“Don’t judge me while I’m busy judging you,” an underlying theme of “polite” society, has never been more perfectly and comically illustrated than in God of Carnage. Yasmina Reza’s 2009 Tony Award-winning play is currently being performed by Northern Stage in White River Junction.
When the play begins, it seems like nothing more than an updated version of some early-’60s sitcom, such as “The Dick Van Dyke Show.” The plot has all the familiar trappings: upper-middle-class parents, a problem between two of their children and the inevitable “civilized” meeting of the adults to discuss the incident.
Then, like a runaway train car on a long, downhill grade, the satire slowly picks up speed. There are curves where the train threatens to tip over, then rights itself and races even faster and more out of control. Although viewers can predict the inevitable crash, there’s no way to know just how big the destruction will be, or what pieces might be left at the end.
And on this ride, there is no stop — no intermission — to allow audience members to catch their breath. The densely packed, 90-minute piece flies by, as Reza engineers the breakdown of conventions and the collapse of the play’s four parents.
Northern Stage’s playbill quotes Reza as saying this of her work:
I would say that, above all, my plays are about people who are well raised but who lose control of themselves. My characters are for the most part impulsive by nature. You could describe my plays as being a theater of nerves.
Reza satirizes society in ways that would make Molière and Oscar Wilde proud, and she has had a highly successful international career doing so. Her works have been produced worldwide and translated into 35 languages — from the original French — and have won numerous awards. (Vermont Stage Company recently reprised her popular 1994 play Art.)
The flow and quality of Reza’s writing could keep any audience laughing. “I have no sense of humor, and I have no intention of acquiring one,” says serious and self-righteous Veronica Novak, mother of an injured 11-year-old boy. In this clean and simple plot setup, the boy has been struck with a stick by the 11-year-old son of Alan and Annette Raleigh. It happened in a park near their upscale neighborhood in Brooklyn. The fight itself is not unusual among young boys, but the blow has caused a fat lip and two broken front teeth, prompting a parental discussion.
The two sets of parents meet in the living room of Veronica and Michael Novak. As Northern Stage set designer Georgi Alexi-Meskhishvili has created it, it’s a stylish, chrome-and-glass-appointed room that is precisely arranged, right down to the placement of the large art books on the central coffee table. This is the backdrop for the slow but relentless disintegration of the characters — and the room itself will not go unscathed.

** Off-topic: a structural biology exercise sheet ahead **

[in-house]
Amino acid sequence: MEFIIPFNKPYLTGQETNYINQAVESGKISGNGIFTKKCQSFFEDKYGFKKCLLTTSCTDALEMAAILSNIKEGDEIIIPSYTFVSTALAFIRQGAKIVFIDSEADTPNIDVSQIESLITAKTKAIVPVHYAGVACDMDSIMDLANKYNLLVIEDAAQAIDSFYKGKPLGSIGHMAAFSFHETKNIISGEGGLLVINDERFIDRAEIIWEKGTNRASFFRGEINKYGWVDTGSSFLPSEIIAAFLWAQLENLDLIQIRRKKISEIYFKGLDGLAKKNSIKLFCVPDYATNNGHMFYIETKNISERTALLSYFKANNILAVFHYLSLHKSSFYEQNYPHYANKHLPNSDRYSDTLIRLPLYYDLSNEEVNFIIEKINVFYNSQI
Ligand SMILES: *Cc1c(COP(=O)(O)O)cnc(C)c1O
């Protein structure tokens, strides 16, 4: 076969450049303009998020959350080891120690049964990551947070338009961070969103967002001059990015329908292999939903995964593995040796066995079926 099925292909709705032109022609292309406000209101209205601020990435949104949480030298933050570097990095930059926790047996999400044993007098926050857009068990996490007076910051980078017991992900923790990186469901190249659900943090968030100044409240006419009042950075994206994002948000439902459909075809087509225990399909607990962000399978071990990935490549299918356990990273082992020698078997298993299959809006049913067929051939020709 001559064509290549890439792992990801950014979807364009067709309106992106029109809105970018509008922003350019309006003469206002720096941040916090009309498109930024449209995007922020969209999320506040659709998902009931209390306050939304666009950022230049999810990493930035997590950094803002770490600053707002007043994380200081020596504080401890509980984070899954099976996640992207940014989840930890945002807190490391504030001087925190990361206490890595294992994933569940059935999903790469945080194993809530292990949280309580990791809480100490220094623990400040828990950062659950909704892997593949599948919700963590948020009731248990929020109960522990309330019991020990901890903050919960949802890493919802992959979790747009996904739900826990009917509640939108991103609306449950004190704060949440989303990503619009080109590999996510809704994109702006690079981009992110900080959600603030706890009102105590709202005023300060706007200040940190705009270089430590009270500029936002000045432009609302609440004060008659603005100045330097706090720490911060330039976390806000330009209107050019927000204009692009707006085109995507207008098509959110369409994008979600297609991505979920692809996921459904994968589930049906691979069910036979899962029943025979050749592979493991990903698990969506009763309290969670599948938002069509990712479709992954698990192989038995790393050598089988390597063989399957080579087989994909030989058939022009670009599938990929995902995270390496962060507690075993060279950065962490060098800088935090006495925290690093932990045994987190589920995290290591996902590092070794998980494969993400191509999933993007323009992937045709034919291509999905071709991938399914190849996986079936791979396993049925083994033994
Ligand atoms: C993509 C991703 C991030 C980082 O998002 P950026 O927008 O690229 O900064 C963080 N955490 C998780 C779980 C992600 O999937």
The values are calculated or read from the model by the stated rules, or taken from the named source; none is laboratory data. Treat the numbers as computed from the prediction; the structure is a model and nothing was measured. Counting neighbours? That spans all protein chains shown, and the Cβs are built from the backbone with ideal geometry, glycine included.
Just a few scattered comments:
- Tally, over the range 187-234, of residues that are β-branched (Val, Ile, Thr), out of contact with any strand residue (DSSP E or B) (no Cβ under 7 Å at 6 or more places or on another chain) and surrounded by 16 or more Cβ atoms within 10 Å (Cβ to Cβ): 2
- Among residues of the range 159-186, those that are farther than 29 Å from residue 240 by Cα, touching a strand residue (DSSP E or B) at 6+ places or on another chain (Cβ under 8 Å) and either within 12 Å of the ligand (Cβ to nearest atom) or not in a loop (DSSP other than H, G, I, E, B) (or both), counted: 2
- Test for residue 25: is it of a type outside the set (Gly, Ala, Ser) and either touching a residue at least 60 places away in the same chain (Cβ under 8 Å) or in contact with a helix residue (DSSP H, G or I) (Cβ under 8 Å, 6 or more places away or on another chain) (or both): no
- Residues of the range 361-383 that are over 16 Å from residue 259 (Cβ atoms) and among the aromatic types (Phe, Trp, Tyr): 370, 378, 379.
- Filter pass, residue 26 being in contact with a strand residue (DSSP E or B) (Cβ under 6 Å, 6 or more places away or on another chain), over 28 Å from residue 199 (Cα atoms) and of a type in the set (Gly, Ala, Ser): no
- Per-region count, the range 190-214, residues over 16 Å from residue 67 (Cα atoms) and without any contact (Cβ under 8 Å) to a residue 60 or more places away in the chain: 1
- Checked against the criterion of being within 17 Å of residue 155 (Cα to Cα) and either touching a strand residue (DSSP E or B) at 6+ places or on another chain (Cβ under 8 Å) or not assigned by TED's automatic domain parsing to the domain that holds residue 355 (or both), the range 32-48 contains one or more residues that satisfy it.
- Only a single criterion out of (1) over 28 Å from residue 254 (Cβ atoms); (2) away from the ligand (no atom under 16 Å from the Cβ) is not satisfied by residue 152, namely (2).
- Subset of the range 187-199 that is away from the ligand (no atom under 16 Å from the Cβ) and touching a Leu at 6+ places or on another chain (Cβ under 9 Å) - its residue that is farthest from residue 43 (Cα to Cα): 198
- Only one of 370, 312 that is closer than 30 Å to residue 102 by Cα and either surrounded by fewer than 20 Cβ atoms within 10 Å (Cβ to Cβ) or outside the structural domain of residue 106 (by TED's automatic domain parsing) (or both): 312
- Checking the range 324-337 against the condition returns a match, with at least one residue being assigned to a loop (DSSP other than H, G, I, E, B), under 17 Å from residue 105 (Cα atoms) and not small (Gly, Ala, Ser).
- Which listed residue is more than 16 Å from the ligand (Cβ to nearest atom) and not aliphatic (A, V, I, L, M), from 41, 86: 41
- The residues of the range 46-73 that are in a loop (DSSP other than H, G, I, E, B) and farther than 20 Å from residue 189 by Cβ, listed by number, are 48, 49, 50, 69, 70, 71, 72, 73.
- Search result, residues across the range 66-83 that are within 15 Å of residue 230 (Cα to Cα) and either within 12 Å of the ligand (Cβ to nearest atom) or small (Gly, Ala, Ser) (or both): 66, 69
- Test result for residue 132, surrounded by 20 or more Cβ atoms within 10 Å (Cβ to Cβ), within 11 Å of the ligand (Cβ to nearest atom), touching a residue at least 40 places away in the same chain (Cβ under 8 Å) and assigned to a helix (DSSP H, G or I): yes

Reza’s characters are both stereotypes and unique individuals with personal issues. For example, Michael Novak’s underlying blue-collar, man’s-man persona is complicated by his phobia of rodents — in this case, a hamster named Nibbles, whose fate is an important and hilarious subplot.
Even with intriguing tangents and sharp, rapid-fire dialogue, the play requires a capable director to elevate it above a mere dark comedy. Fortunately for Upper Valley audiences, this God of Carnage benefits from the always-strong comic direction of Catherine Doherty, Northern Stage’s producing director, as well as from a cast of experienced actors. Together they expose every level of comedy and social commentary in the play.
Joe Gately’s conciliatory and upwardly mobile Michael is a perfect foil for the always-ethical Veronica, played by Northern Stage veteran Kathryn Markey. At first their contrasts seem complementary, but soon enough the pair is deftly throwing daggers at each other. Their timing is a joy to watch.
Lena Kaminsky, as the meeker and more dependent Annette, slowly emerges from her shell, spurred by the words and actions of her high-powered attorney husband, Alan. Gregory Jones superbly delivers Alan’s arrogance, selfishness and condescension.
The play’s final moment involving a cellphone is a satirical climax of epic proportions in the hands of this exceptional foursome.
Audiences may leave this play chuckling, but also shaking their heads and thinking a bit about what just happened. As Northern Stage artistic director Carol Dunne puts it succinctly in her playbill notes, “As I watched the first rehearsal, I couldn’t help turning to one of my colleagues, giggling, and saying, ‘Oh, dear, it’s actually all so true!’”
The original print version of this article was headlined "Parent Trap"